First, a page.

This is an album from a contradictory time, a period of change, contrasts and shifting power.
Though I considered myself a “peace man” sort of fellow, a “hippy”, Davao in the early 80s was practically a war zone and my awareness of life’s dualities, ironies and disparities grew keener. In a way I had more to lose than before. We now had two sons, Jed being the newcomer, and I would have nightmares of what crossfire and grenade explosions could do to a child’s body. A few of my city meanderings were darkened by the sight of human violence. Once I came upon two dead bodies in the middle of a street. Once I actually saw someone getting shot in the head. Once I saw someone getting beaten up by soldiers and stuffed in a vehicle. Once I saw someone being tortured with a cattle prod…
The poetry of two playful sons, a beautiful wife, a chalk-blue 500-peso/month bungalow on a hill, and rice cooking over a sawdust fire outweighed the dark stuff. But the dark stuff was there all the same – we moved out of the little blue house and back to Jessie’s family after a robbery.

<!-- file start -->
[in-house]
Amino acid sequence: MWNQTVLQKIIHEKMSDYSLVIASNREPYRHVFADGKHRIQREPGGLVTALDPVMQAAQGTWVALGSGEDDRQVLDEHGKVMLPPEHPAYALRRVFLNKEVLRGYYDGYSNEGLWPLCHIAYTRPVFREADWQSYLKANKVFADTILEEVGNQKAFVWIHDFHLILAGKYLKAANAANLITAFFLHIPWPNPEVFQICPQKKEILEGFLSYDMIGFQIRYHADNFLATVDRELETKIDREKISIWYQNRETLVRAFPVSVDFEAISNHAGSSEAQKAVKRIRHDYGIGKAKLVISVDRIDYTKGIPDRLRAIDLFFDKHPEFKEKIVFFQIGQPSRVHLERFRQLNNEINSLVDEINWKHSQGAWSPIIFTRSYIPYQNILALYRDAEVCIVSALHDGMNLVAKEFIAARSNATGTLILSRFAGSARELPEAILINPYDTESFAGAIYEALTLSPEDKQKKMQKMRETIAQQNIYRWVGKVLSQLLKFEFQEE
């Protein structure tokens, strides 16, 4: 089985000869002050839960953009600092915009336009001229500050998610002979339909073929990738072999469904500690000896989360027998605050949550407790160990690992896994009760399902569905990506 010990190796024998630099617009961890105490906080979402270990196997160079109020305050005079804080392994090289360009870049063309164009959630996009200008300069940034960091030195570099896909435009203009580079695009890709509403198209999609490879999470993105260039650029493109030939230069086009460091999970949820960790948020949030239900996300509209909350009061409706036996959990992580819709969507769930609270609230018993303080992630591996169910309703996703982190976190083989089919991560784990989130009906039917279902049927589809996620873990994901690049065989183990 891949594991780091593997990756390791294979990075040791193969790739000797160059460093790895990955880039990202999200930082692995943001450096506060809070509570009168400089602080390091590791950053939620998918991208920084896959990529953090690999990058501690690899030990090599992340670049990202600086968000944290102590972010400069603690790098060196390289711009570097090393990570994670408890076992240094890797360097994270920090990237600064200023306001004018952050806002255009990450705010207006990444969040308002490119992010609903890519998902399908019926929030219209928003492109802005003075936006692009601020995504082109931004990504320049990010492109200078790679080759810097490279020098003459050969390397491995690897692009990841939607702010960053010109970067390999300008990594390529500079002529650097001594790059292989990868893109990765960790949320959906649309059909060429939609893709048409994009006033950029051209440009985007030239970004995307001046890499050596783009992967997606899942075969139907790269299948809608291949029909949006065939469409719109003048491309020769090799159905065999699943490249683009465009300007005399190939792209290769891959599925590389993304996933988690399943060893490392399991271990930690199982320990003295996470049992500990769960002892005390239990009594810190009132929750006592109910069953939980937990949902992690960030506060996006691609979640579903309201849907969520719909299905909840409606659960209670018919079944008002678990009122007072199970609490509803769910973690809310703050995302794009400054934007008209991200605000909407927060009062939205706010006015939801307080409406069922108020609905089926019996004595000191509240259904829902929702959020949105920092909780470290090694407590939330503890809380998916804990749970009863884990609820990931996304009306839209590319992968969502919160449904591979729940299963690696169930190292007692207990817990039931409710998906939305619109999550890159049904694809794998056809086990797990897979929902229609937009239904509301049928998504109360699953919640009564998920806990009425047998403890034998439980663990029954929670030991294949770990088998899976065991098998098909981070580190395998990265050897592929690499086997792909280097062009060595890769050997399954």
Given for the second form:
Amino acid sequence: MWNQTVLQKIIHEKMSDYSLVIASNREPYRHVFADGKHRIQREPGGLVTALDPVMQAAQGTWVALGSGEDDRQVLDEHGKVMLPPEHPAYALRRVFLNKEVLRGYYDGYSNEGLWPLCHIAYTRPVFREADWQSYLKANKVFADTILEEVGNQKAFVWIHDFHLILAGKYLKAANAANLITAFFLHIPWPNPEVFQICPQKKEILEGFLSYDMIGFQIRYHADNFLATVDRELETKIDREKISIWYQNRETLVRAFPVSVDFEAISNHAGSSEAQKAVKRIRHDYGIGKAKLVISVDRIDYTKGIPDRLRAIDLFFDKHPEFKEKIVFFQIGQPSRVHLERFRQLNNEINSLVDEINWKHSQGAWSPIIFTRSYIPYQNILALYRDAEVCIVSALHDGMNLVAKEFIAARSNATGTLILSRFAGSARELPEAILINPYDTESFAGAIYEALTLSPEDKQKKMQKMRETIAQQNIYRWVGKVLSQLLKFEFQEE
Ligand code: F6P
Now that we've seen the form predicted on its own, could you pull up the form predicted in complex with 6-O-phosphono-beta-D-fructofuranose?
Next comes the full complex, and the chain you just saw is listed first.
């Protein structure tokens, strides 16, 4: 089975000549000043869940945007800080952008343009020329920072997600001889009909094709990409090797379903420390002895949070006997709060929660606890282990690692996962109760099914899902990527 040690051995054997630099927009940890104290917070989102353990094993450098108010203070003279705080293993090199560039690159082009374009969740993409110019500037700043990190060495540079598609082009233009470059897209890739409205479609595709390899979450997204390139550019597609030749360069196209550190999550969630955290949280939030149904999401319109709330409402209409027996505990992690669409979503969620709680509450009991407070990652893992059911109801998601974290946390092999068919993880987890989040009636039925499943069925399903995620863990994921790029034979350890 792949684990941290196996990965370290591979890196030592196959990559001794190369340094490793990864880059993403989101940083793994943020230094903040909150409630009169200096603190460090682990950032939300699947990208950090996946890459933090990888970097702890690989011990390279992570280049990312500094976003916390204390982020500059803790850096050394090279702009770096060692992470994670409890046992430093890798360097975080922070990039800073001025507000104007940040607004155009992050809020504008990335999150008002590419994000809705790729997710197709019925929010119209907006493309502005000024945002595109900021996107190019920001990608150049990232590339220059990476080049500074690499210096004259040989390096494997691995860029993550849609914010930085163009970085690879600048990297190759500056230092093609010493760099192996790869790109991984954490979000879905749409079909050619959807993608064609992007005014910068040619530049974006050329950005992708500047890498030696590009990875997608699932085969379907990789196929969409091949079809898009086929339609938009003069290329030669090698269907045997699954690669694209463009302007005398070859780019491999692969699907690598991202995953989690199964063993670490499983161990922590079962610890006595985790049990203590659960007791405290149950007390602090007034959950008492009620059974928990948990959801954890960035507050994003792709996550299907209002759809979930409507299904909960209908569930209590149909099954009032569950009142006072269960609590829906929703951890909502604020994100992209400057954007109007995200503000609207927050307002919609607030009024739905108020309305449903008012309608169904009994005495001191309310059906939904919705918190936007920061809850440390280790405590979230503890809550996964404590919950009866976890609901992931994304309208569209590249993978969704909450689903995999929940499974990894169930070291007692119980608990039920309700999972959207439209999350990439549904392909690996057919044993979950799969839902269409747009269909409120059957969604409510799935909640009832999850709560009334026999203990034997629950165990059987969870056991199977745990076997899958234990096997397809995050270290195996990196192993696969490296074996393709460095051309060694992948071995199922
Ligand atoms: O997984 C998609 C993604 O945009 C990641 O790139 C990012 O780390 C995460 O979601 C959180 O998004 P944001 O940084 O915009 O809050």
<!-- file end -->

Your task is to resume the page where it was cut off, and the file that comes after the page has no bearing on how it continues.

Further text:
Some people still refer to the title song as my “dialectical materialism” song! It’s actually more inspired by a Pete Seeger rendition of “Turn Turn Turn” based on the Biblical Ecclesiastes…
DEMS produced this album in a bigger studio with the same 2-mic set-up. I had more musicians with me on the project, a loose band who by force of many projects-in-common I had come to call “Bagong Lumad” (New Native).
This album features Popong Landero, Noe Tio, Javy Villacin, and Jerry Cava, as well as a first appearance of a two-stringed lute the Tboli call a hegalong.